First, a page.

An Interview with Men of War Developer DigitalMindSoft

By Joe Robinson 14 Nov 2016 1

Following on from its feature in our Impedimenta special on logistics and supply systems, we decided to reach out to 1C and DigitalMindSoft directly to talk more about Men of War, and what the latest happenings are for this 10 year old franchise.

Chris Kramer, Managing Director of DMS, was kind enough to answer our questions.

Wargamer: While not the original creators, DMS has had 'custody' of the Men of War franchise for quite a while now – do you see it as your own game now or does it still feel like someone else's work?

Chris Kramer: We started by co-developing the original Men of War title, so we have always felt at home when it comes to the series. You are right that we pushed the franchise ahead on our own at some point. However, we considered it a great opportunity to put the experience that we gained along the route into remaking the first title.

Wargamer: Wargamer recently did a feature on supply/logistic systems in wargames, which featured Men of War. Last year you made a change to how re-supplying worked. What made you want to make that change after all this time?

Chris Kramer: Men of War has a large amount of micromanagement involved, which is also the result of continuous work on the game and engine across many years, carried out by different teams. We think, players should be able to focus on the micro-managing aspects that are fun to them, not force micromanagement upon them in every aspect. Handling the re-supplying of dozens of soldiers manually isn’t long term fun. It was a huge and complex task, as we didn’t want to break the RPG elements of Men of War and we also wanted to keep the manual option for veterans of the series. To be honest, I grew tired of manually re-supplying soldiers myself.


Wargamer: What's the current direction for Men of War? Where do you want to take the series and the GEM engine?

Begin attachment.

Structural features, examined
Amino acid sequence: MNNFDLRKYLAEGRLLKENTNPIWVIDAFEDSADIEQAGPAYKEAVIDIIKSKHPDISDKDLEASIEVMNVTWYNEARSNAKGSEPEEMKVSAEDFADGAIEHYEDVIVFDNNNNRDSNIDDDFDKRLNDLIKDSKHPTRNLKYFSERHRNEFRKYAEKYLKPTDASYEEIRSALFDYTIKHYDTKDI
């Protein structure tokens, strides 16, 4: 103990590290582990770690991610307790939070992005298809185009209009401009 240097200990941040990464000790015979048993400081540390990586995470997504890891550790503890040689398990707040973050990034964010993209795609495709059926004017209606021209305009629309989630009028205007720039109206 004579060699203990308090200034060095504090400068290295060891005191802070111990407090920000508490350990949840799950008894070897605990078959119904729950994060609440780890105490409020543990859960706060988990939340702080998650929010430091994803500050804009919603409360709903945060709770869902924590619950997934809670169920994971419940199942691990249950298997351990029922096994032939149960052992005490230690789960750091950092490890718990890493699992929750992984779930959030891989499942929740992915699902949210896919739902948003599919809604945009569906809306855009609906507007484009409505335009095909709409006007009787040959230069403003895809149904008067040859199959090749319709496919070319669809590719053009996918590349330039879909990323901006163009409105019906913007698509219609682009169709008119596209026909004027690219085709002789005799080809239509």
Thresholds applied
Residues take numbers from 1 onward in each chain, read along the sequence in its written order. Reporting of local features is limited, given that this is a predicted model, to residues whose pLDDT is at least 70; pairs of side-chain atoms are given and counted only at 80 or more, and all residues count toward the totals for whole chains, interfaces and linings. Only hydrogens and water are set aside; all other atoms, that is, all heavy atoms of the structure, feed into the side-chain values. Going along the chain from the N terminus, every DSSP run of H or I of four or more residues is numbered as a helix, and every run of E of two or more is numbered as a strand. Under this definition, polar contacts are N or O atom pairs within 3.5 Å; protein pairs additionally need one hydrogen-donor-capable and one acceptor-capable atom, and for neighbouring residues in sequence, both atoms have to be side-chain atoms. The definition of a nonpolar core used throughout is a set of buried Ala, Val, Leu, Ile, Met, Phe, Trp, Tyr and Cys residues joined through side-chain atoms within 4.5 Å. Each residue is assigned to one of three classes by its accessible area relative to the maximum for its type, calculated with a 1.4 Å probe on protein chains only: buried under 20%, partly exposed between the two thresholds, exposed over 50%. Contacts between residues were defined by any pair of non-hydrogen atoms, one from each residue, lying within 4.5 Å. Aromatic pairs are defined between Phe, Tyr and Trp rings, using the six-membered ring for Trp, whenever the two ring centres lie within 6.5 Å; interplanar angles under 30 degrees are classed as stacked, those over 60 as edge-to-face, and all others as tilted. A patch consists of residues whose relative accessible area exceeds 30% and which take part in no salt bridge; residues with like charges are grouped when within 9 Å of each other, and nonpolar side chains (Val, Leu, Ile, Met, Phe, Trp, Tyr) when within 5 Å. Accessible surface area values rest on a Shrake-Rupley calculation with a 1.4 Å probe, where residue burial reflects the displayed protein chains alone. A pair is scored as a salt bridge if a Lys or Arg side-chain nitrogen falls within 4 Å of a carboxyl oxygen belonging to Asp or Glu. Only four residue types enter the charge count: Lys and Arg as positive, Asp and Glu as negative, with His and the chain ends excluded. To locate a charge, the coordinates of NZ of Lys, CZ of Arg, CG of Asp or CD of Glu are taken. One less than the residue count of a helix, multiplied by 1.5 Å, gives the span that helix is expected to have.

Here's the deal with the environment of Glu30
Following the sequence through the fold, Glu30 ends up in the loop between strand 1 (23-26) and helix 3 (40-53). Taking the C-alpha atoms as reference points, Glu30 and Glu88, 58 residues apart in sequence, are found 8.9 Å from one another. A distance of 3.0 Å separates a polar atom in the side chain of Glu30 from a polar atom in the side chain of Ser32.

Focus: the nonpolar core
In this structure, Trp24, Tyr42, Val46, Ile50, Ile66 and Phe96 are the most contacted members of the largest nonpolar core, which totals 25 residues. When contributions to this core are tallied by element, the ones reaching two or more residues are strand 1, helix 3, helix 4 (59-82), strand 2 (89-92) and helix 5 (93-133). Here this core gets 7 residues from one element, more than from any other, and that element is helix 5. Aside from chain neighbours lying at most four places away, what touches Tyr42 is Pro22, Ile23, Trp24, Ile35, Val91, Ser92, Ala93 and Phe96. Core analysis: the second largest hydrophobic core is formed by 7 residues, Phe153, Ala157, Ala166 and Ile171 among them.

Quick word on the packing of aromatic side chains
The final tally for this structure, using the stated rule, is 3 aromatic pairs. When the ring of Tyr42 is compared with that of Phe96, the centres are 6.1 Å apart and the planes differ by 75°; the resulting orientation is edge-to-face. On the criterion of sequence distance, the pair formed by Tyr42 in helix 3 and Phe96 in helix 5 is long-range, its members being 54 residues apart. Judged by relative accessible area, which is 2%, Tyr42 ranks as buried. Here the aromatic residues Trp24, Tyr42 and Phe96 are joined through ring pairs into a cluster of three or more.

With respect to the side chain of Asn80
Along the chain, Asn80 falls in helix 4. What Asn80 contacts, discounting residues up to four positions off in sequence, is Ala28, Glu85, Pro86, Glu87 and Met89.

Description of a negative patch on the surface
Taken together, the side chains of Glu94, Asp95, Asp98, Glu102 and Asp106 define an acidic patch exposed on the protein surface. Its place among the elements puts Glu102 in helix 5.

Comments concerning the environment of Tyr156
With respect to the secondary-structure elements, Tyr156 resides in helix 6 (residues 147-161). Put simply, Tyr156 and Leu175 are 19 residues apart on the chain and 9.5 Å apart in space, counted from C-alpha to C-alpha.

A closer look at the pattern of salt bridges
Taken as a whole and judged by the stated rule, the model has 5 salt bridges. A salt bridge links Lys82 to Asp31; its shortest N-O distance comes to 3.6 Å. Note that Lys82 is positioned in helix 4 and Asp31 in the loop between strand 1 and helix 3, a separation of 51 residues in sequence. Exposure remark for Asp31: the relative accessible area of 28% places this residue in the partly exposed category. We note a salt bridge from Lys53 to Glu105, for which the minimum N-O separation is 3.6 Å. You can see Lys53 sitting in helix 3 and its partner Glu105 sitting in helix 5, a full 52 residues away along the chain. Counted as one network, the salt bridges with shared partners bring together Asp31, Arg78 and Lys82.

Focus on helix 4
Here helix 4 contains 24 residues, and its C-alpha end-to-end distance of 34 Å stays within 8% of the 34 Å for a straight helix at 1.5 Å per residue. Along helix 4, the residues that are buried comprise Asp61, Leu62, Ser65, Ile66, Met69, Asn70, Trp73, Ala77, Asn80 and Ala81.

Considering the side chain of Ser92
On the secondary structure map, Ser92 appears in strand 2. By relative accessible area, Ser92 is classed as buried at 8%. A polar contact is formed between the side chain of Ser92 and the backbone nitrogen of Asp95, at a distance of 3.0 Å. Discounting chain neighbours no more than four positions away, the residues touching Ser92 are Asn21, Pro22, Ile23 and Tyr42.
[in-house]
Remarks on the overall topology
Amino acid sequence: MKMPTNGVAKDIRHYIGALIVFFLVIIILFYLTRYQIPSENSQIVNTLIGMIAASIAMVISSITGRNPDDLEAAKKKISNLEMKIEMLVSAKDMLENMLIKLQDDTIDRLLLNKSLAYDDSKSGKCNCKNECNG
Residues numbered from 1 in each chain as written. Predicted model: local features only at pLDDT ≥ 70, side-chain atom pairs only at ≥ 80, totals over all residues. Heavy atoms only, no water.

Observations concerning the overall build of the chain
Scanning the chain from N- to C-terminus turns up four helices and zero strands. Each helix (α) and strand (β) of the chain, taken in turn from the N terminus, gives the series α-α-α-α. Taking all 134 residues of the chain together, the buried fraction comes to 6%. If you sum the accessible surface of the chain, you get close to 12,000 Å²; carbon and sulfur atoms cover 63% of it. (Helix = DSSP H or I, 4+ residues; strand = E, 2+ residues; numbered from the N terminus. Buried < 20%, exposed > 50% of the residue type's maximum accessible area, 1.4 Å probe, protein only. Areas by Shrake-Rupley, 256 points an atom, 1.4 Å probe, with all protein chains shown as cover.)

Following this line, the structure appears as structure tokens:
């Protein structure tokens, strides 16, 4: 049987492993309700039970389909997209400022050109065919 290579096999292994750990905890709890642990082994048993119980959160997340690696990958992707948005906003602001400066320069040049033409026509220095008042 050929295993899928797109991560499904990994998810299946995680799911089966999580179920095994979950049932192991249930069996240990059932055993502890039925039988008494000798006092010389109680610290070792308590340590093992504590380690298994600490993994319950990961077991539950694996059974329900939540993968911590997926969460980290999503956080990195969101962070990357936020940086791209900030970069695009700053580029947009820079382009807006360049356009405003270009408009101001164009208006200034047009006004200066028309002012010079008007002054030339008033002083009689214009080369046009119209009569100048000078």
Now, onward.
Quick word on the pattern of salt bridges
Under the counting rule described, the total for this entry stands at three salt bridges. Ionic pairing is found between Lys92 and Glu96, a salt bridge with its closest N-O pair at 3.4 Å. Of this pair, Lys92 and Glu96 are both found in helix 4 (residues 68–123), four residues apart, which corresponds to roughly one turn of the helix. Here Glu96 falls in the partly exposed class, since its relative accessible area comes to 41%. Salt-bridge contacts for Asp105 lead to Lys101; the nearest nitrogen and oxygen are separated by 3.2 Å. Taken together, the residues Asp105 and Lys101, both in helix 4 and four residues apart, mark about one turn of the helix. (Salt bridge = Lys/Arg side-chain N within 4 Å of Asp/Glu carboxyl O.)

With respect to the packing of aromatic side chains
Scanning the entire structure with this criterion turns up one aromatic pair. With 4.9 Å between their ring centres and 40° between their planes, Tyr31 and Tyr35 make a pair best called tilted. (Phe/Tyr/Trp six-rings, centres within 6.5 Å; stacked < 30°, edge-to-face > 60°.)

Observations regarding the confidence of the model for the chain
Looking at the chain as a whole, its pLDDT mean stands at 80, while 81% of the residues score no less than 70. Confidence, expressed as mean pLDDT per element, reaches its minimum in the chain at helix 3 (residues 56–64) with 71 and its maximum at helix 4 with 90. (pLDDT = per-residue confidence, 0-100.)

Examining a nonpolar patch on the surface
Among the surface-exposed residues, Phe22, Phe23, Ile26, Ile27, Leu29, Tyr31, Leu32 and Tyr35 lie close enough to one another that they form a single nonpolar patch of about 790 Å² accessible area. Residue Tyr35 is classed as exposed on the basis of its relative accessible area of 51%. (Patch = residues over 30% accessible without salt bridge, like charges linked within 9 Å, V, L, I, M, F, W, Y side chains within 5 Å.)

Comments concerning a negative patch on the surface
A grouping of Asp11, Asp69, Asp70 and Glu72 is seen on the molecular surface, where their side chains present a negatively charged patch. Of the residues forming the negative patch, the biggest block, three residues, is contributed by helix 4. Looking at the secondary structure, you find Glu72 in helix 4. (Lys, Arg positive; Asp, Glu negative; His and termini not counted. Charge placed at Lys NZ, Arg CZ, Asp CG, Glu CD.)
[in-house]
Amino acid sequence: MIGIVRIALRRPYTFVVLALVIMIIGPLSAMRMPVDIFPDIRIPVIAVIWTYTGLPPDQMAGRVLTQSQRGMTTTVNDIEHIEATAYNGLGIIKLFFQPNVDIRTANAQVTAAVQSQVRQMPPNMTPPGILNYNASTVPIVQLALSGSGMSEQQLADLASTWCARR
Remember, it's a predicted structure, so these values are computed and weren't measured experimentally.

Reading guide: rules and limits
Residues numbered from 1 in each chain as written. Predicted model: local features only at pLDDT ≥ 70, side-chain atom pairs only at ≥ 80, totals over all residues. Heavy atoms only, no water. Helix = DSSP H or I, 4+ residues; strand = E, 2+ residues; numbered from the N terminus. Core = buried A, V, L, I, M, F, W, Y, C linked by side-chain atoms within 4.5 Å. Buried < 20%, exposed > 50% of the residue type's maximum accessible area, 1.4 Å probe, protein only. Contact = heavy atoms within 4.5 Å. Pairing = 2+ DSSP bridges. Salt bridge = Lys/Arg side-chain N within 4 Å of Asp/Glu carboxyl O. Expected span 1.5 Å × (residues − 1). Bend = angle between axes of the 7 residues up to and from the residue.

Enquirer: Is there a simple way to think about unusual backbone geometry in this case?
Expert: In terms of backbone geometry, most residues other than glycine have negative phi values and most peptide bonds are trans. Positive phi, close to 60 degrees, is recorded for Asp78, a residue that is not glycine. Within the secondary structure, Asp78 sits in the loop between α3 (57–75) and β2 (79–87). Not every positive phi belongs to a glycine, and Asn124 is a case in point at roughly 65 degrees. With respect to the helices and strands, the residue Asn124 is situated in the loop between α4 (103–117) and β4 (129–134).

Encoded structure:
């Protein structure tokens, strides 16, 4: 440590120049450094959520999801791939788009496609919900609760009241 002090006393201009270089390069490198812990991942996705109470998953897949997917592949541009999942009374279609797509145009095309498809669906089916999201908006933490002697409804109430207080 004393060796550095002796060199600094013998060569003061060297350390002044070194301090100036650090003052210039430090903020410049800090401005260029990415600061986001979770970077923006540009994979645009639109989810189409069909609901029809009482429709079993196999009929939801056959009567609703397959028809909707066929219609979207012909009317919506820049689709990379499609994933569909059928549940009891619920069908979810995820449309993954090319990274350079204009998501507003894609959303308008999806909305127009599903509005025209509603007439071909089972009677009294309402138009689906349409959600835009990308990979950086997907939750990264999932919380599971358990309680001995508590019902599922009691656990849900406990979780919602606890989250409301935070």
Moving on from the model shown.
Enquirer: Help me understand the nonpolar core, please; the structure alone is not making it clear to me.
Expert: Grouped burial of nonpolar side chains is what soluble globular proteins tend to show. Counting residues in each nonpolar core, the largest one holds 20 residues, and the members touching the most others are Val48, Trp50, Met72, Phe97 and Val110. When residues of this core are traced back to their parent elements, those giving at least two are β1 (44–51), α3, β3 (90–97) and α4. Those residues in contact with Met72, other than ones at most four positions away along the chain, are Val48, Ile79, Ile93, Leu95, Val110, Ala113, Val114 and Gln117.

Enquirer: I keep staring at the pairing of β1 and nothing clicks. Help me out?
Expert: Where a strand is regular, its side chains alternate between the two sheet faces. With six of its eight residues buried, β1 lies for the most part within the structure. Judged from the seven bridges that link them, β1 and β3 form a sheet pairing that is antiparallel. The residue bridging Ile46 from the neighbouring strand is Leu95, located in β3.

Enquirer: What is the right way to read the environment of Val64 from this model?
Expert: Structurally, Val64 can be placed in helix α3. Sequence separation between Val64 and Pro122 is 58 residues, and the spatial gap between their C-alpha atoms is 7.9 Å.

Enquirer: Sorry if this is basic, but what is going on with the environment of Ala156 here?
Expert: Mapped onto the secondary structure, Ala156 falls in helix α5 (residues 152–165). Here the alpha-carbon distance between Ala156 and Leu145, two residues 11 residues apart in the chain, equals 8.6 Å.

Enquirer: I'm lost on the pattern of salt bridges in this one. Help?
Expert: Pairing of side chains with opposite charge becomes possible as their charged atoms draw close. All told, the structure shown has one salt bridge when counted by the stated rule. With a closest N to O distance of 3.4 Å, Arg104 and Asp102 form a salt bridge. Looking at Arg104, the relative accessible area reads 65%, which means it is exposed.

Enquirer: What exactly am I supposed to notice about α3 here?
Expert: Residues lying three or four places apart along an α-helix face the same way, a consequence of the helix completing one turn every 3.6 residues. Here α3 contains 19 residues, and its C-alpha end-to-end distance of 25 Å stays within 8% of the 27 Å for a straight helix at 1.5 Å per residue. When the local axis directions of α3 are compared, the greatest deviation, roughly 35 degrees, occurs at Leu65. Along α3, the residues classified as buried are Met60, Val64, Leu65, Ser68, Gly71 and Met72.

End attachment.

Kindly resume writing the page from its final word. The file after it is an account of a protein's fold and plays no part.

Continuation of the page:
Chris Kramer: [1C Publishing] have plans to continue development of the series, and are considering various tech options for the sequel, because even though GEM engine served very well, it’s becoming increasingly difficult to keep upgrading it in order to meet industry standards.

Wargamer: Having played since the original 'Men of War', I've always felt that the series was at its weakest when it made the player use a lot of the micro-management tools. Stealthing, infiltration, small-unit missions... these were often the hardest because of the fiddly interface (including the re-supply/inventory system at the time). What are your thoughts on this?

Chris Kramer: There are actually enough components in Men of War for several separate games. Which is the reason why a lot of people love it so much, but from a developer perspective it’s a nightmare, as we must maintain a lot of different features and game elements that need to work well together. However, the amount of options you have in the game is one of its biggest strengths, causing us to tip-toe around it so we don't take options away.

Wargamer: Do you think a stream-lining of certain features, like re-supply, is the future of Men of War? I love the scale and the options available for a typical match e.g, calling in a truck with a bunch of battlefield fortifications in it. But given the real-time nature of a battle, the interface can sometimes be too slow/fiddly to make use of any of that.

Chris Kramer: For some it is for some it isn’t. Whenever we are changing or streamlining something, we’ll have players pulling out the pitchforks and torches. The community is very protective when it comes to features the game has. Sometimes it’s an uphill battle and we have come to understand that the game can be played in many ways and perhaps that’s what Men of War is about: giving player choices. If we want to get rid of all these little things that put off many people from the game, then we’ll have to do this with a new game on a new engine. Even if we succeed at that, some will still stick to the original AS2, because they love it the way it is.

Back to the original question, we think the future is in streamlining instead of having tons of things to fiddle with. We'd rather have fully fleshed out features that give players plenty of possibilities that actually work well, than a ton that don’t. We just can’t do this with the current MoW games.